High prices contribute to tightening of competition in global gold mining sector

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By Eugene Gerden

Russia eyes to become the leading global gold producer and overtake China by 2026, according to statements recently made by the chairman of the Union of Gold Producers of Russia, Sergei Kashuba, during the Eastern Economic Forum in Vladivostok as well as statements made by some leading local gold producers.

Kashuba commented: “If the current trend of China’s decline of gold production (for the last six years) continues, while Russia’s production continues to grow (at least at moderate but stable growth rate of 1-2%), then we believe that Russia may become the world’s largest producer of gold on the horizon of five years.”

According to the Russian Union of Gold Producers, gold production in Russia in 2020 was 363.3 tonnes and there is a possibility production increase this year as well.

In the meantime, as Russia hopes for leadership in the global gold mining sector, China has no plans to lose the ground. The country has been the world’s largest gold producer for 14 years and the largest consumer of  gold for eight years. During 2020, gold production in China fell by 4.18% to 479.5 tonnes.

China also has plans to accelerate its gold mining activities overseas that will take place by establishing control over some leading gold miners in emerging nations, primarily in Africa.

Currently, Chinese investors already control about 70% of the mining sector in the Democratic Republic of Congo and is planning to expand to other countries on the continent which have substantial gold reserves.

Still, according to some analysts, more active expansion of Chinese in the African gold mining sector may be prevented by the strong positions of some of its major rivals. In addition to Russia, which recently announced its intention to restore its presence in Africa (including its gold mining sector), the region has been traditionally within the sphere of Western gold miners.

One of them is Kinross Gold, which has been successfully operating in Mauritania for the last  decade by controlling the Tasiast gold mine. The mine, located 300 kilometres north of the capital of Nouakchott, is one of the largest gold producers in West Africa.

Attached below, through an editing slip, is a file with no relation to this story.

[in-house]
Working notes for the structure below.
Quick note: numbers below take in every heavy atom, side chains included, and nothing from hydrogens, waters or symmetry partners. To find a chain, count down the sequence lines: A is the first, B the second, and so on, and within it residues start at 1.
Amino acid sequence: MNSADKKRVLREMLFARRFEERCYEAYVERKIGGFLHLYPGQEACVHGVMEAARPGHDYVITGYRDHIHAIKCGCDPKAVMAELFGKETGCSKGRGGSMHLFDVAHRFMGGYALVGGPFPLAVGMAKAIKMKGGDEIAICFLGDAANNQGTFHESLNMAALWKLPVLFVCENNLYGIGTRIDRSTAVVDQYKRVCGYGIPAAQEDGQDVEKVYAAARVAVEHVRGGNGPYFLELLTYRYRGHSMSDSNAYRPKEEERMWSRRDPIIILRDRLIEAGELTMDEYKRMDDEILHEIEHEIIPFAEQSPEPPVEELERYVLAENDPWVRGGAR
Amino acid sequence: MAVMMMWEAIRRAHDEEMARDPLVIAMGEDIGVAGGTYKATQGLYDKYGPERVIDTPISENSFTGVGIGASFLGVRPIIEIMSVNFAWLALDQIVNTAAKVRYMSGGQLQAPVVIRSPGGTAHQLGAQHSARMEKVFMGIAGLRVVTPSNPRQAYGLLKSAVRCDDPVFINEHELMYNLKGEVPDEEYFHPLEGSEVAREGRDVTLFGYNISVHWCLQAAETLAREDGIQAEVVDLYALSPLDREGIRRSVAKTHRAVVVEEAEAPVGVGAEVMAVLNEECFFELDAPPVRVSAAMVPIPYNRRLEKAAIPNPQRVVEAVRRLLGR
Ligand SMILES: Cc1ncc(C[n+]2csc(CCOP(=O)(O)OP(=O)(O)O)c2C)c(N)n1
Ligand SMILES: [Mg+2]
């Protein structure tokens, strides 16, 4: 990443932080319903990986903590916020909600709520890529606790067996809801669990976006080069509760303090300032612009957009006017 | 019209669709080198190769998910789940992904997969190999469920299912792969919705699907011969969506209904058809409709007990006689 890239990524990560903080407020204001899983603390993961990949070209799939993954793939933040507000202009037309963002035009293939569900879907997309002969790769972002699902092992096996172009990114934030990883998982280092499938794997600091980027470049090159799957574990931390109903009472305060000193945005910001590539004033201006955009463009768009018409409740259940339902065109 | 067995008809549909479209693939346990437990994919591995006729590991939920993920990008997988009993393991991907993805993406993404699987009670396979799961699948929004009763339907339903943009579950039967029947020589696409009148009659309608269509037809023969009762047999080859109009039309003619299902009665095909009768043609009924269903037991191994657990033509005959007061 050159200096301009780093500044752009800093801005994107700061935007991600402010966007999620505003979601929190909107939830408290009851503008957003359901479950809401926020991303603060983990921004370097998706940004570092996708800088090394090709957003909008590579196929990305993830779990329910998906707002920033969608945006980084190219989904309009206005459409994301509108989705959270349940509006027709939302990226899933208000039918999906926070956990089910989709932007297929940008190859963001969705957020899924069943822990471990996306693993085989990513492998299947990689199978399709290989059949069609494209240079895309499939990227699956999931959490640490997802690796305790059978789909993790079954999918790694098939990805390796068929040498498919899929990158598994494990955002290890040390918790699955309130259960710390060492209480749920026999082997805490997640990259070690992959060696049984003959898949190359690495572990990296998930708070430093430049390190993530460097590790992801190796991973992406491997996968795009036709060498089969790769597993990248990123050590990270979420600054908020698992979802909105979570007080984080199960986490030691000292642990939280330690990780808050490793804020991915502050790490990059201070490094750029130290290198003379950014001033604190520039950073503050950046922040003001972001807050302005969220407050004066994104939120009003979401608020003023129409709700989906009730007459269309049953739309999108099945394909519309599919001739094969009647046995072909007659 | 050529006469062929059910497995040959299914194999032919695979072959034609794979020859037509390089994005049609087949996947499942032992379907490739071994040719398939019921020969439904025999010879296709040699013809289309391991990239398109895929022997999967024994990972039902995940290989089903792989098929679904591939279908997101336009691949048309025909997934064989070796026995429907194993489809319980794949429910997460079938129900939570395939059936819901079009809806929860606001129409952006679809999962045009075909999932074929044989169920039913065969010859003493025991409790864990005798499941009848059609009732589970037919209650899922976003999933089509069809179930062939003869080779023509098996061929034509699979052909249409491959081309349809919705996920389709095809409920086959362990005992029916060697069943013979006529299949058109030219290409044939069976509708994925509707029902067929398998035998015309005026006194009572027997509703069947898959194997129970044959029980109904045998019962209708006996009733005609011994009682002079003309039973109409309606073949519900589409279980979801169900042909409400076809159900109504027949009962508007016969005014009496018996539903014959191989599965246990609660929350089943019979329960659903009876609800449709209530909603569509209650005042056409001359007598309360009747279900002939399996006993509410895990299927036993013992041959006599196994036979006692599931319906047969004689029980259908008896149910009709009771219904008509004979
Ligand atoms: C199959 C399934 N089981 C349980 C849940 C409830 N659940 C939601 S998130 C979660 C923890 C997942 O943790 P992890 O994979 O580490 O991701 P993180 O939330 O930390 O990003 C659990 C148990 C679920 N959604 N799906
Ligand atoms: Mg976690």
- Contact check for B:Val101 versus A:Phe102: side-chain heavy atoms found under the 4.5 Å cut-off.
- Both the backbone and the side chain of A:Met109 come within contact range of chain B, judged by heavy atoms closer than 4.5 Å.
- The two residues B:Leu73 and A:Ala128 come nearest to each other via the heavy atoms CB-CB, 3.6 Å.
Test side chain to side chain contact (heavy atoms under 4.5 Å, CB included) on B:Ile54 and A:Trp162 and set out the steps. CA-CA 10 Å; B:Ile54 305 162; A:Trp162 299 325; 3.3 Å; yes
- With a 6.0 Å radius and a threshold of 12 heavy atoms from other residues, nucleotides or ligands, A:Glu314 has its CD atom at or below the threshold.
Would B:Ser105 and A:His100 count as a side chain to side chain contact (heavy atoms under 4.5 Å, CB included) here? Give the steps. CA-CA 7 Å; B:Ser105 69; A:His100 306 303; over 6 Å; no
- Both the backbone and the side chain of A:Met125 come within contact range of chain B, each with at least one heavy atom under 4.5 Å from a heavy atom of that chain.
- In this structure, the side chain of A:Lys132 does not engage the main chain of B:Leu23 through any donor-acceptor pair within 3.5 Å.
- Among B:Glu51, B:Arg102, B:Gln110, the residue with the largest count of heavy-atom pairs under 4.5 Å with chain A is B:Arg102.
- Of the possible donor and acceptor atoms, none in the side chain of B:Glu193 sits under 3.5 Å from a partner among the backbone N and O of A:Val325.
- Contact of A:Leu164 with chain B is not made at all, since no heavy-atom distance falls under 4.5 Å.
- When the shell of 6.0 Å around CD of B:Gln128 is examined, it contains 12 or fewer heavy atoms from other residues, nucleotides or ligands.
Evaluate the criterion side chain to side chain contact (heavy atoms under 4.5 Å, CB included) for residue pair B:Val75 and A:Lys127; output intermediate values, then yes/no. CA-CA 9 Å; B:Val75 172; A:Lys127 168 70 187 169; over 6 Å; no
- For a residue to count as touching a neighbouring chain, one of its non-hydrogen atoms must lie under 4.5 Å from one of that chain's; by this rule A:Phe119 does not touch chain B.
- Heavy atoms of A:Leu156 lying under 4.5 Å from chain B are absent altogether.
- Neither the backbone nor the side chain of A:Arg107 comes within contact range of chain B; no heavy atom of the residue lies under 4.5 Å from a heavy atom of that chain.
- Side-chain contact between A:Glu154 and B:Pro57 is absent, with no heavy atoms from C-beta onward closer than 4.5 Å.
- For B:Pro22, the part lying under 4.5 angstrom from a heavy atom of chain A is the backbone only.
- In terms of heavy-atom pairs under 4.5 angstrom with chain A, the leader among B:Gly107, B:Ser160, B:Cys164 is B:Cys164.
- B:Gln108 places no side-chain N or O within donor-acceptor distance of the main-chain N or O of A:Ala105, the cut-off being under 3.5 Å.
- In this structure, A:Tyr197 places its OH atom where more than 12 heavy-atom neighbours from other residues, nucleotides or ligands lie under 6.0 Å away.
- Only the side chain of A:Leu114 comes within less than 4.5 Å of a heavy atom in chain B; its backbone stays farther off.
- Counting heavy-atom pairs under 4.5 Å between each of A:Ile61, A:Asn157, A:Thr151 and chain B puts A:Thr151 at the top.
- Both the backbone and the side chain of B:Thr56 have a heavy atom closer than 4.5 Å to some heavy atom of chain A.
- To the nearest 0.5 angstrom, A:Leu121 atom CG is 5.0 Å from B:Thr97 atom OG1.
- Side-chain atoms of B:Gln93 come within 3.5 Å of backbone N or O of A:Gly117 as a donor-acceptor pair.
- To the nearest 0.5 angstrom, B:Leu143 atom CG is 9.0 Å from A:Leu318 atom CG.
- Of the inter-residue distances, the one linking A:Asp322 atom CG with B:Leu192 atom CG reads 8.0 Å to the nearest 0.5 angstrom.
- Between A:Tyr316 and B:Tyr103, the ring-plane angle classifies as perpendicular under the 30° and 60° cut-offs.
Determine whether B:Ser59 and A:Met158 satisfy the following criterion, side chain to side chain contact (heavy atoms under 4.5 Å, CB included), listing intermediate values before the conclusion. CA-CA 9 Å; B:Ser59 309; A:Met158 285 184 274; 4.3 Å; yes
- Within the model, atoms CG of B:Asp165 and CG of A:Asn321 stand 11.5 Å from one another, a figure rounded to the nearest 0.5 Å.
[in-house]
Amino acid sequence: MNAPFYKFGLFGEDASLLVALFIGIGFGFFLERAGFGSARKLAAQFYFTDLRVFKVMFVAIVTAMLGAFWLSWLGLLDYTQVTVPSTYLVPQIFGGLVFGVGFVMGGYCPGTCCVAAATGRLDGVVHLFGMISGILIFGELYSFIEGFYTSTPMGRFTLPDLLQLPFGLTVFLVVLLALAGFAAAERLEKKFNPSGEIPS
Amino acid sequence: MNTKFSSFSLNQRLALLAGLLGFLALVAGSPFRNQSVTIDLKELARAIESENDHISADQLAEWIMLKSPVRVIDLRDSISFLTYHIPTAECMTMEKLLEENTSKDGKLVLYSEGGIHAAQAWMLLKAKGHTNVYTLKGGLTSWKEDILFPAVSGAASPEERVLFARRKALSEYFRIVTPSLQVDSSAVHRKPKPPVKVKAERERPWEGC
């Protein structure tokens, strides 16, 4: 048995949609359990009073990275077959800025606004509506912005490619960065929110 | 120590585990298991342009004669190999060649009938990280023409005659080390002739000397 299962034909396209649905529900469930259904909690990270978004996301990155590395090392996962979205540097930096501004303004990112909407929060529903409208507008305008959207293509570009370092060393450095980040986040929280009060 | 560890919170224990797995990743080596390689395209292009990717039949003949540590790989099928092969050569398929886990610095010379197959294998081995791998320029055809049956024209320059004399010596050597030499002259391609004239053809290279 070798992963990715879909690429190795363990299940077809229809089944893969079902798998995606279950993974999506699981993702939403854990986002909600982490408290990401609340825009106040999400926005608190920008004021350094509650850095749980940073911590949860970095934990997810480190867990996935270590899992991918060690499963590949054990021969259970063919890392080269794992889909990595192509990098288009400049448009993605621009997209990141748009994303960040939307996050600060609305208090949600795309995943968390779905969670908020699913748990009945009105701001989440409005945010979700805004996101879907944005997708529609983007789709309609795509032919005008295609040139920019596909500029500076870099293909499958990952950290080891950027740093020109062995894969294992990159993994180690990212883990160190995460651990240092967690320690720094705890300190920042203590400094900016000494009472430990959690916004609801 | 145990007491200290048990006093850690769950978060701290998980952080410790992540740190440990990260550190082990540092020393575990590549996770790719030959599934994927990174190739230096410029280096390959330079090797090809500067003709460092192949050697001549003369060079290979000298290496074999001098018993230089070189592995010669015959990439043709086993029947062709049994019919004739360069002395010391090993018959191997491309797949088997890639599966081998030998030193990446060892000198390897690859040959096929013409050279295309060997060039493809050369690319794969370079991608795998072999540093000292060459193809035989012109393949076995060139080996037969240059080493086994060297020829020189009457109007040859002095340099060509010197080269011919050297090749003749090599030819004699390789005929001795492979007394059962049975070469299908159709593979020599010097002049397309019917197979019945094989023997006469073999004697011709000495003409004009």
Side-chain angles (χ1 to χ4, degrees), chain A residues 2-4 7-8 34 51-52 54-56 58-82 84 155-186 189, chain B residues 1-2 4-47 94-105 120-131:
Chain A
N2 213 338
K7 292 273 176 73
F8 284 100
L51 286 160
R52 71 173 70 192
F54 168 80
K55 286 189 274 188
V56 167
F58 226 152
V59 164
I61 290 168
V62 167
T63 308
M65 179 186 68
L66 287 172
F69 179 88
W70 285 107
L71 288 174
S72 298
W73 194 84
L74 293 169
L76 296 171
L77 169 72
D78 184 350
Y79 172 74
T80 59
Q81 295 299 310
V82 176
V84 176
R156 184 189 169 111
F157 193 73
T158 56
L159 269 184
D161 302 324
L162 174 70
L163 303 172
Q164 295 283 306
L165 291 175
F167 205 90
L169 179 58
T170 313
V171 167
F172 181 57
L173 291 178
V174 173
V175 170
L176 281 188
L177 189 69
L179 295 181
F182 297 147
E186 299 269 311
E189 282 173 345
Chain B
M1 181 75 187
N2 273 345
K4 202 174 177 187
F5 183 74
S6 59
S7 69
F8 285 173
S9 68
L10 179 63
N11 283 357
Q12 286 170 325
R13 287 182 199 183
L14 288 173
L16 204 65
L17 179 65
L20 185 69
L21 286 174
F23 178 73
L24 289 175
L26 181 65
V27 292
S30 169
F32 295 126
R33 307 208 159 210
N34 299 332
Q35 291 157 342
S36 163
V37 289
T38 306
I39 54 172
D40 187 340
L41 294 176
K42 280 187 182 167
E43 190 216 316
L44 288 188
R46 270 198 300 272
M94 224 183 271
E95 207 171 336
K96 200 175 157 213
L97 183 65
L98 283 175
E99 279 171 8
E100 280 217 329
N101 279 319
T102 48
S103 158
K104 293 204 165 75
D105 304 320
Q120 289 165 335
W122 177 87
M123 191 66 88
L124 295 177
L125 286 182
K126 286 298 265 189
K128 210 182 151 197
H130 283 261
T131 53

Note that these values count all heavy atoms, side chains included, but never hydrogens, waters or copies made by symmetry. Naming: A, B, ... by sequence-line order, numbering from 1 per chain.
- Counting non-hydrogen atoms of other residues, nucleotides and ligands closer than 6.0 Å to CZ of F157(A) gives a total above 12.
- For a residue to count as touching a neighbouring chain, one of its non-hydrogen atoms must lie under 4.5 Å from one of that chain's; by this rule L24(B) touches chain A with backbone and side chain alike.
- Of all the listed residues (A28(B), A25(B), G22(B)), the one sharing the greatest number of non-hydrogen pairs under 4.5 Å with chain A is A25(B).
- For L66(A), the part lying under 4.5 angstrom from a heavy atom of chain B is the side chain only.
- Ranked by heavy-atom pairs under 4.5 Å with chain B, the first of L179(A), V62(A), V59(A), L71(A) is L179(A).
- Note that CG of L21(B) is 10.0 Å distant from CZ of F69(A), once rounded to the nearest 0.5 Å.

Australia – another major gold producer – is also planning to accelerate gold mining activities.

In fact, the last two years have been the best on record for Australian gold producers. In the 2019/20 financial year 328 tonnes of gold was produced in the country, being one of the record figures in the last several years.

One of the recipes of success for the Australian gold mining industry is the existence of a larger number of smaller mines compared to some other gold mining countries, which gives some flexibility to the country.

According to predictions of industry research company, IBISWorld, the $26 billion Australian sector will see revenue rise 11.6% this year “due to continued uncertainty about the effects of the COVID-19 pandemic on the global economy.” It says the growth is also due to an anticipated surge in industry output and higher gold prices.

In the meantime, as global gold prices remain relatively high, many global producers plan more active development in 2022 as many confirmed good results achieved this year despite the pandemic.

John Mann, an official spokesman of Petropavlovsk plc, a London-based gold mining company and one of the largest gold miners in Russia, in an exclusive interview, said that the company continued its expansion activities this year.

Mann commented: “This year, Petropavlovsk completed construction of the Pioneer flotation plant, a new processing facility at our Pioneer mine that allows us to better take advantage of our reserves of refractory gold ore and to produce flotation concentrate to feed our state-of-the-art Pokrovsky pressure oxidation (POX) plant. The Pioneer flotation plant doubled the company’s  capacity to process refractory ore to 7.2 million tonnes per year, and we intend to further increase that capacity to 9 million tonnes/year by expanding our existing Malomir flotation plant. That project is in progress and scheduled for completion in Q3 2022.”

Mann added that the company hopes for high gold prices, as “a higher gold price obviously improves the economics of any project, so if there were to be sustained higher prices that could theoretically move more projects into the pipeline globally.”

Newcrest Mining Limited, one of Australia’s largest gold producers declined to comment.

Celina Watt, an official spokeswoman of the company, said  it does not speculate on or forecast the gold price as the company focused on being a low cost producer.

Of note, Newcrest acquired a 70% interest and is operator (Imperial Mining 30%) of the producing Red Chris copper-gold mine in northwestern British Columbia.

Clearly, Eastern gold explorers and producers are enthusiastic participants in expansion activities within and outside of their home base countries.


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